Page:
Cruel treatment of helpless animals at once arouses the sympathy and indignation of every person possessed of human instincts,–sympathy for the helpless creature abused, and indignation towards the perpetrator of the act; and in a city, where such treatment would be witnessed by many, legislation like that in question [anticruelty law] is in the interest of peace and order and conduces to the morals and general welfare of the community.

Johnson v. District of Columbia, 30 App. D.C. 520, 522 (D.C. Cir. 1908)

But when our officials refuse to apply the dominant standards in the law that speak directly to how animals are treated, and instead find some way out by focusing on handy doctrines that speak to less pressing values, they are breaking that compromise. They are wearing down the basic structure of our system by eroding confidence that the compromise about how animals ought to be treated will actually be enforced, and they are promoting public indignation and outrage by not applying the law so as to actually stop the illegal cruelty. In short, by not applying the law and instead finding a way out, they are doing exactly what the Johnson court warned against.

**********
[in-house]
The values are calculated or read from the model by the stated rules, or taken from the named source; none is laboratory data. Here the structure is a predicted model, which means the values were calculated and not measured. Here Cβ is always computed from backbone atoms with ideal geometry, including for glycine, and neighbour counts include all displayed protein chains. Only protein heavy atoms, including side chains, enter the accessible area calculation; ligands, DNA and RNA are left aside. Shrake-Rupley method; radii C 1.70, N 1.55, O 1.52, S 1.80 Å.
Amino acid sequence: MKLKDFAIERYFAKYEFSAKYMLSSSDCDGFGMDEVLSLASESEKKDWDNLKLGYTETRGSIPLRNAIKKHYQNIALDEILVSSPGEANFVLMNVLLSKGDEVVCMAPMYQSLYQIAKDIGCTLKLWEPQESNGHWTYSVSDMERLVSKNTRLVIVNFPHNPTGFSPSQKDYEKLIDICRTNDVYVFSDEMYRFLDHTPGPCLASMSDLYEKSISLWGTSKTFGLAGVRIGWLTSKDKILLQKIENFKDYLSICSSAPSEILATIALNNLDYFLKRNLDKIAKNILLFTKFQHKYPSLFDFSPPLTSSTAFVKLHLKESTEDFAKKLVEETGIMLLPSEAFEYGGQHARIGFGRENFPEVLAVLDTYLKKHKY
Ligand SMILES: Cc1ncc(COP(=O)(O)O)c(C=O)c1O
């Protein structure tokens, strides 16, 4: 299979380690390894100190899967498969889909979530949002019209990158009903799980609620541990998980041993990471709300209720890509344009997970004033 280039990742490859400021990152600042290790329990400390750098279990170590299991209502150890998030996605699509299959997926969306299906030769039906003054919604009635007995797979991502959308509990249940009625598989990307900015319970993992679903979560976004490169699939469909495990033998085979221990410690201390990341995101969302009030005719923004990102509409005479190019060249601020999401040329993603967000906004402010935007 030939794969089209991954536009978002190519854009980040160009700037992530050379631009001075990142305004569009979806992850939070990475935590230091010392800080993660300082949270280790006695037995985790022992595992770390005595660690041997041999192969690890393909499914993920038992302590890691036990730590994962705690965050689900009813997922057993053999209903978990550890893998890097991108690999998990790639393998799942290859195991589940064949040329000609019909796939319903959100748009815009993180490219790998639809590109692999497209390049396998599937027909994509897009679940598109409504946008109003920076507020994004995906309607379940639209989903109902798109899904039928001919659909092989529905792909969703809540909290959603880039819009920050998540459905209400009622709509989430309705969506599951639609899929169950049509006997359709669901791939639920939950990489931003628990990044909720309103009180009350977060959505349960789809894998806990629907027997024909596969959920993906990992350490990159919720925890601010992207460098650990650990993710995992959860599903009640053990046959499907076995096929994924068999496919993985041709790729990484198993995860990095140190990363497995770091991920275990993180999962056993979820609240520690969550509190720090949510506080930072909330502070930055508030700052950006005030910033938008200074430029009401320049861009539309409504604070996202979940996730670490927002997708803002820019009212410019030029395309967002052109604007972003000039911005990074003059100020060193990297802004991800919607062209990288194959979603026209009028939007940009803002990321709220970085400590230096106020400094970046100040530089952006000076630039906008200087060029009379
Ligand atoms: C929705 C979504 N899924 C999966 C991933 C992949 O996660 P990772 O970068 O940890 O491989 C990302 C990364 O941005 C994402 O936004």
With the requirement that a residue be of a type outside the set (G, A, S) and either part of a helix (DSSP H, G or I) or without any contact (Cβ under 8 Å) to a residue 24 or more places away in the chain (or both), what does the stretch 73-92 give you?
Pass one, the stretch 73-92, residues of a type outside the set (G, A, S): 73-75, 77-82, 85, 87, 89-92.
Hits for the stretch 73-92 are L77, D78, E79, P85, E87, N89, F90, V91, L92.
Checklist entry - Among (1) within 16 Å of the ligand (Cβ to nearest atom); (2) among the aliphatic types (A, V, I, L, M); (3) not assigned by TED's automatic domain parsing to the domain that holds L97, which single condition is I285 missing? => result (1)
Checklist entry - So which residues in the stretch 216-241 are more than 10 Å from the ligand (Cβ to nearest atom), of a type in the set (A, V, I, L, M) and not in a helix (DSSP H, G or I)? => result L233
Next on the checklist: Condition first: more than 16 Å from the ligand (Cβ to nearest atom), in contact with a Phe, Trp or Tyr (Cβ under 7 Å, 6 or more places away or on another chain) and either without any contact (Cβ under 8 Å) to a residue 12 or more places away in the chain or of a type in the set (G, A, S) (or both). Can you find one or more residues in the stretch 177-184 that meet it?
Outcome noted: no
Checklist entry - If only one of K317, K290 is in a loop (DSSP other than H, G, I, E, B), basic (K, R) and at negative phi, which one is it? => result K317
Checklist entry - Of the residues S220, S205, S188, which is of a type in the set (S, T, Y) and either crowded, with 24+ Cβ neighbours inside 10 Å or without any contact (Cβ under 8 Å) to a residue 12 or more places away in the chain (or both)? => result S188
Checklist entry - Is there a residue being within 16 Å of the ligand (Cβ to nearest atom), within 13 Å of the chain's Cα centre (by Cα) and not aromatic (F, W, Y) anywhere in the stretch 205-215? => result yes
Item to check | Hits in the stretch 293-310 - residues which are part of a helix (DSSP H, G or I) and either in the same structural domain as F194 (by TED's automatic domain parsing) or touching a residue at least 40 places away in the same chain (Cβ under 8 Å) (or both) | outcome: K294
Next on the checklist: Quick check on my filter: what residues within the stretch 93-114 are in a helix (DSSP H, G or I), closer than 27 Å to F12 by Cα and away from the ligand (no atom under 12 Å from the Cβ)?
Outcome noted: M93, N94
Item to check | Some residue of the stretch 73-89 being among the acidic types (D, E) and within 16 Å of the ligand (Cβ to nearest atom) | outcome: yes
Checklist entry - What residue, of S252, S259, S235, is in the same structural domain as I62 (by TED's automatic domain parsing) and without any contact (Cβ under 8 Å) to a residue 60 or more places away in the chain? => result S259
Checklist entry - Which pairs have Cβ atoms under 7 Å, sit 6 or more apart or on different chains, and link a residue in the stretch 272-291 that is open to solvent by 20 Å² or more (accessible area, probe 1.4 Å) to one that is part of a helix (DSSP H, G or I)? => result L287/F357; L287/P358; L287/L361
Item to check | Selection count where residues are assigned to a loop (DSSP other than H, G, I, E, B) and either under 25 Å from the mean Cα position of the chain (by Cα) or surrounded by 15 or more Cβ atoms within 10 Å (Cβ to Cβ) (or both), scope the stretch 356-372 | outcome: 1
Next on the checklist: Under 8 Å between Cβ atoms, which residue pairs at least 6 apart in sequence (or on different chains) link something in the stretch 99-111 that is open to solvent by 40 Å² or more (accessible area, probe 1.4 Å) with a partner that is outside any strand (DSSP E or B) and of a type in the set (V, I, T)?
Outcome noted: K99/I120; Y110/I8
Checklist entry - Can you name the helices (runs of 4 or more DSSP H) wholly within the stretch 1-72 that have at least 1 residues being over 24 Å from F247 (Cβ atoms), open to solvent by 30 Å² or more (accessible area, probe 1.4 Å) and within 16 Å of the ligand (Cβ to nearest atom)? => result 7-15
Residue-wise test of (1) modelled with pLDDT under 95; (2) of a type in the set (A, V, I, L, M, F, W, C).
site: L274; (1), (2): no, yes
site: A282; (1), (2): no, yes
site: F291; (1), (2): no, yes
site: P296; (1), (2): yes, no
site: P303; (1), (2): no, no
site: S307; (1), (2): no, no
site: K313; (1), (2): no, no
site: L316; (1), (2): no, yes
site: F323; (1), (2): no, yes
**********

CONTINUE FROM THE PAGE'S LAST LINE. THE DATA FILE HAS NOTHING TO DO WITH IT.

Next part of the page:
And despite lawyers’ resistance to being open and honest and critiquing public officials, as I am doing now, it is especially important to do so when it comes to animal rights because these cases involve a burgeoning social movement that is relying upon officials to enforce a compromise between millions of people over a potentially explosive moral issue: if and when the suffering of innocents is justified. For that reason lawyering (and officiating) for animal rights is not like other forms of lawyering, not like representing two businesses disputing a contract where there is little reason for objective moral outrage.